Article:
Cane Creek eeBrakes

If you absolutely need the lightest brakes out there, but you also want to stop reliably, look no further than Cane Creek's eeBrakes.


164 grams (front and rear, no pads)




Cane Creek

Heading out the door? Read this article on the new Outside+ app available now on iOS devices for members! Download the app.

Let’s start with the tough stuff: If you’re already balking at the price tag, these brakes weren’t built with you in mind. You can get equal braking performance at a fraction of the price, that much is true.

But, these brakes are for the boutique cyclist who wants the lightest bike out there no matter the cost. They’re for the weight weenies who still want to stop before the intersection, not after it. And in that pursuit, you simply cannot find a better brake than Cane Creek’s eeBrakes.

Would I buy them for my bike? No. (Did you see that price tag?) I’m not going to be climbing any podium steps anytime soon, so they’re not for me. But that doesn’t mean no one should buy these.

Here’s why: It’s easy to build up a light bike these days, but you make trade-offs. Lightest frame often translates into flexy noodle. Lightest wheels often mean no durability. In this case, however, lightest brakes (the eeBrakes weigh in at a paltry 164 grams for both front and rear brakes with no pads) seem to equal stellar braking power. There are no performance trade-offs.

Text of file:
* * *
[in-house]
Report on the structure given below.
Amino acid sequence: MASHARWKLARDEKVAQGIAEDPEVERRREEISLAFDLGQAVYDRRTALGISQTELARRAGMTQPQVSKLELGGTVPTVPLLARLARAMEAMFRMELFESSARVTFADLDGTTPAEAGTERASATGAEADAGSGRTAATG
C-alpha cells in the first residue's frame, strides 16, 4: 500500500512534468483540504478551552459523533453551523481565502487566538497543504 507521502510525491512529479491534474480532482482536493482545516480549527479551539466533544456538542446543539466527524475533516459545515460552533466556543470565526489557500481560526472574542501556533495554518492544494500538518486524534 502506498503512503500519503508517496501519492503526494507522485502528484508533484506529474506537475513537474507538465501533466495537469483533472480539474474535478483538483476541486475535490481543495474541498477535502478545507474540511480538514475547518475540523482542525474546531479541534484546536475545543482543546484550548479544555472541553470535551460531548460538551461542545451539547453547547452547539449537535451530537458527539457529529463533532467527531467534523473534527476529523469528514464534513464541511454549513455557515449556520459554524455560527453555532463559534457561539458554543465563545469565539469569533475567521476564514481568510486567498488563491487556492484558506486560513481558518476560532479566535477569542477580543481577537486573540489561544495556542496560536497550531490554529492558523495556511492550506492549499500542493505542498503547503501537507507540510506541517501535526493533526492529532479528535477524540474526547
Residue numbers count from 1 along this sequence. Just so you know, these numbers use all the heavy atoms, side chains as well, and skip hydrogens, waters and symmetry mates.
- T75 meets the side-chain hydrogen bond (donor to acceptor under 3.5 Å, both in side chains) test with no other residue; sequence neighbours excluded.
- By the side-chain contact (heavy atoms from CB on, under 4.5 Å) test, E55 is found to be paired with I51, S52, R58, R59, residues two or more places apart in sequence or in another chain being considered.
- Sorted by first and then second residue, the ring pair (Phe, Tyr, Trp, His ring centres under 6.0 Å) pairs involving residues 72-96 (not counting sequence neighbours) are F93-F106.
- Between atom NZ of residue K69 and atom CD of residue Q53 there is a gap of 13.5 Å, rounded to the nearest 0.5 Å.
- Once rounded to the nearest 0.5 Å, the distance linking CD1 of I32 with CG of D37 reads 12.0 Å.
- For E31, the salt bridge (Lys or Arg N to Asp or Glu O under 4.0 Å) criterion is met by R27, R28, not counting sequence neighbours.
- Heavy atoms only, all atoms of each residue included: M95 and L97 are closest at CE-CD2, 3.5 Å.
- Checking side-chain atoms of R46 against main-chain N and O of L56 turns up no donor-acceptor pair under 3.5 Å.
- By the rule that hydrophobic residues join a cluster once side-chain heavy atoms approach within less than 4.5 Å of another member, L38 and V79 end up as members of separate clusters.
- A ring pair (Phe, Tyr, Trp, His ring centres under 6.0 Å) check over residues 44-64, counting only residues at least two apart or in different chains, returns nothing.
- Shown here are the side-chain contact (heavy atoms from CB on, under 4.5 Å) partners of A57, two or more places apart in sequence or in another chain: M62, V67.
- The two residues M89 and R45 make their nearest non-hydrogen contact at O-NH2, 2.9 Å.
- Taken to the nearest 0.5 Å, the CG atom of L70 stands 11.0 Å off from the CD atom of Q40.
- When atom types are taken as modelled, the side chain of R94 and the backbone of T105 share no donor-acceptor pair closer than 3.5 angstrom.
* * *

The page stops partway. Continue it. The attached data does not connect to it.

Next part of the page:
Each brake is made in the USA from a combination of forged aluminum, titanium, and stainless steel. There’s no doubt they’re rugged. And they’re made to accommodate rim widths from 18 to 28 millimeters. That’s a huge, adaptable range that opens up a lot of set-up possibilities.

We tested the regular-mount version with SRAM eTap levers, but there is a direct mount version available as well, and they’re compatible with Shimano and Campagnolo levers too. The small details, which affect how the brakes function, are truly striking. You’ll start to notice those touches during installation, which definitely takes a bit more time than your standard brake install. That’s because you can adjust, then micro-adjust, the position of the pads, requiring some tinkering.

After my first ride, I did need to do some readjusting. The cable slipped, but since I haven’t experienced that again, I’m willing to bet that was the result of my own carelessness during initial install. I got some pad rub on the rim, too, but a few quick turns of the fine adjuster took care of it. The cable path is actually kind of neat: It comes down from the brake lever more centered, which means it doesn’t stick out to the side of your head tube as much, which in turn reduces some drag. A Quick Strut release makes it easy to release the brake when you’re changing wheels, too. All clever details that make these brakes super functional.

I’m less sold on the Link Pad Travel Proportioning System, which is essentially a small adjuster knob that micro-adjusts your pads for centering. It works well, and it’s easy to get your pads centered perfectly, but I found after a couple of rides the knob tends to back out slightly, making readjustment necessary. It’s a minor inconvenience, and the creep was only slight, but I wonder if it would worsen over time.

I recently changed the front brakes on my truck for less money than it would cost to put the eeBrakes on my bike, but as is the case with all high-end purchases, the worth of any product depends entirely on the needs of the user. If you absolutely need the lightest brakes out there, but you also want to stop reliably, look no further.

An American in France

What’s it like to be an American cyclist living in France? Watch to get professional road cyclist Joe Dombrowski’s view.